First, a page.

Planning for a thru-hike is a lot of work, but preparing for a life-changing endeavor is part of the excitement. As far as food prep goes, I’m not going to sugarcoat it: healthy eating on a budget involves more effort than winging it and hoping you don’t go broke. Having a plan will prevent impulse spending and easily avoidable budget mistakes.

Many hikers are ambitious Type-A planners anyway, so dig into the details, make a spreadsheet, and have fun optimizing.

How to prepare in advance:

  1. Determine your resupply strategy. Will you be mailing boxes, resupplying in towns, or a combination of both? Do your research and choose what’s right for you. For the purposes of healthy eating and saving money, I’ve found a mix of in-town resupply and maildrops to be optimal. If you prefer hard-to-find items, such as specific supplements or protein powders, or if you have food intolerances, consider sending those items to your resupply location, and buy common items, such as cured meats, nut butters, and trail mix in town.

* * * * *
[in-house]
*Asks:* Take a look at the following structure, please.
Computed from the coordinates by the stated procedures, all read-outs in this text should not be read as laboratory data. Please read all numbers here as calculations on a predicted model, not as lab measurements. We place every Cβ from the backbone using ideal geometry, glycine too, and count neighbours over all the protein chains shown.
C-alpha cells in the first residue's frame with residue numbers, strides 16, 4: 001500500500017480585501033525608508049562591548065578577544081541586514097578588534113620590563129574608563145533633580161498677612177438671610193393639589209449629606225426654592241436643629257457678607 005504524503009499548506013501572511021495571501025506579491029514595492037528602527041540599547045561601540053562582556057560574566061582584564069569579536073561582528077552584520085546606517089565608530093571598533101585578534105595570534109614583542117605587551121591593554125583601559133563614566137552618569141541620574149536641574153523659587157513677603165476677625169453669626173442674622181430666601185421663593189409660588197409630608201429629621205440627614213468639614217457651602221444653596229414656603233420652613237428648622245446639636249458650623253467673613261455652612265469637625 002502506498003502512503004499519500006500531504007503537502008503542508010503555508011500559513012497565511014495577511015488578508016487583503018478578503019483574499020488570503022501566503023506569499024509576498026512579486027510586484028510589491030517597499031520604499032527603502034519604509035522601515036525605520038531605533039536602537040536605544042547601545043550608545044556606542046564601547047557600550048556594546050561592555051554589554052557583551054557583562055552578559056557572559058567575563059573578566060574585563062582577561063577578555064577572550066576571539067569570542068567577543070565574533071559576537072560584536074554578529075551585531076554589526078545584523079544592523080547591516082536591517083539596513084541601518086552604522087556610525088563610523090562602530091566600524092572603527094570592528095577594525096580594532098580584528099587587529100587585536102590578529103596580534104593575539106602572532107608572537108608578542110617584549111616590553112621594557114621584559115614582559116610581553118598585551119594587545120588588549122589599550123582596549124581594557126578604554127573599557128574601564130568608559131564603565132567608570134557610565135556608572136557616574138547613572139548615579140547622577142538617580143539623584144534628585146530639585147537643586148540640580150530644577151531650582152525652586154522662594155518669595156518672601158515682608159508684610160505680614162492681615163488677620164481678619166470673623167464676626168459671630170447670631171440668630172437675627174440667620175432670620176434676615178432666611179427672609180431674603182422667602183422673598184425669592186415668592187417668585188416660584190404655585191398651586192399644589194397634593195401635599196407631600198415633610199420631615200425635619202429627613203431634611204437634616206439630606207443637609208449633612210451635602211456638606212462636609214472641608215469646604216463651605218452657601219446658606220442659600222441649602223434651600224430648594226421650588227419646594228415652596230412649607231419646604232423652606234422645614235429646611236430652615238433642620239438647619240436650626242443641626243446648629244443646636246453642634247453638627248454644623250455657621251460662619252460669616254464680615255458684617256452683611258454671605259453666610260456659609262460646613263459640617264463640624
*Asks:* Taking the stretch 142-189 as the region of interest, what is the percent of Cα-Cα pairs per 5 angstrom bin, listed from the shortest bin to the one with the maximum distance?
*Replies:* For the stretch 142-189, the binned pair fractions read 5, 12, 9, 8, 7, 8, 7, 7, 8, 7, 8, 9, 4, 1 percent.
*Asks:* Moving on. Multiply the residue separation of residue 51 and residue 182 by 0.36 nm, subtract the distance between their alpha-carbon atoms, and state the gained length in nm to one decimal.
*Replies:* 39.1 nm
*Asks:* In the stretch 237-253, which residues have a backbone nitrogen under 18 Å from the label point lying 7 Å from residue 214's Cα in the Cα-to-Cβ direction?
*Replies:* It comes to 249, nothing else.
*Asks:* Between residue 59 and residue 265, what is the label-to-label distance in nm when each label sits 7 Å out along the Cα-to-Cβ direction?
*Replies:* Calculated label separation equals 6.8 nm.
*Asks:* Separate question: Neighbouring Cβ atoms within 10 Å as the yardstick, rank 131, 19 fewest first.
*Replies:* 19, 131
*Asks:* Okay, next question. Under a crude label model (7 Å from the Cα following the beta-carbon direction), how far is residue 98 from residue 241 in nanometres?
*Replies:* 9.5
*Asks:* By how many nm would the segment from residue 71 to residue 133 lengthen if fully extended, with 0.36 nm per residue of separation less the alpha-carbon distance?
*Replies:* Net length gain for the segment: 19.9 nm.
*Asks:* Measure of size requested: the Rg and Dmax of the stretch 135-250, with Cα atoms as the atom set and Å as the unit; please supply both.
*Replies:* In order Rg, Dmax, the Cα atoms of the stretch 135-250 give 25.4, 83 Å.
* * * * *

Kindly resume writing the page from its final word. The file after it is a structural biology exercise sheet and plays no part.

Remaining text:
2. Look over your potential resupply locations. In the places where a gas station or tiny store is your only option, send a box. Otherwise, you’re stuck paying high prices for less than optimal food. Five dollars for a Snickers bar? No thanks.
  3. Now that you know how many boxes you’re sending and where you’re sending them, it’s time to gather food. It’s beyond the scope of this article to detail how you determine your food requirements, but as a general rule, it will be based on your body size (and correspondingly, your base metabolic rate) plus how many miles you plan to hike per day. For example, I need about 3,500 calories per day—or about two pounds of food—to fuel 25-30 mile days once I’m a few weeks into a thru-hike. If it’s colder or the terrain is particularly rugged, that fuel requirement amount increases. Each person will have different needs based on their size, climate, terrain, etc. Make a list of healthy trail foods you know you’ll enjoy. Consider dried fruit, dehydrated beans and veggies, oats, quinoa, nuts, and nut butters, plus any other whole foods. The shorter the ingredient list, the better. For additional ideas, dive online or reference my ebook.
  4. With this list in hand, search online for the best price. Buying in bulk is a great way to cut costs.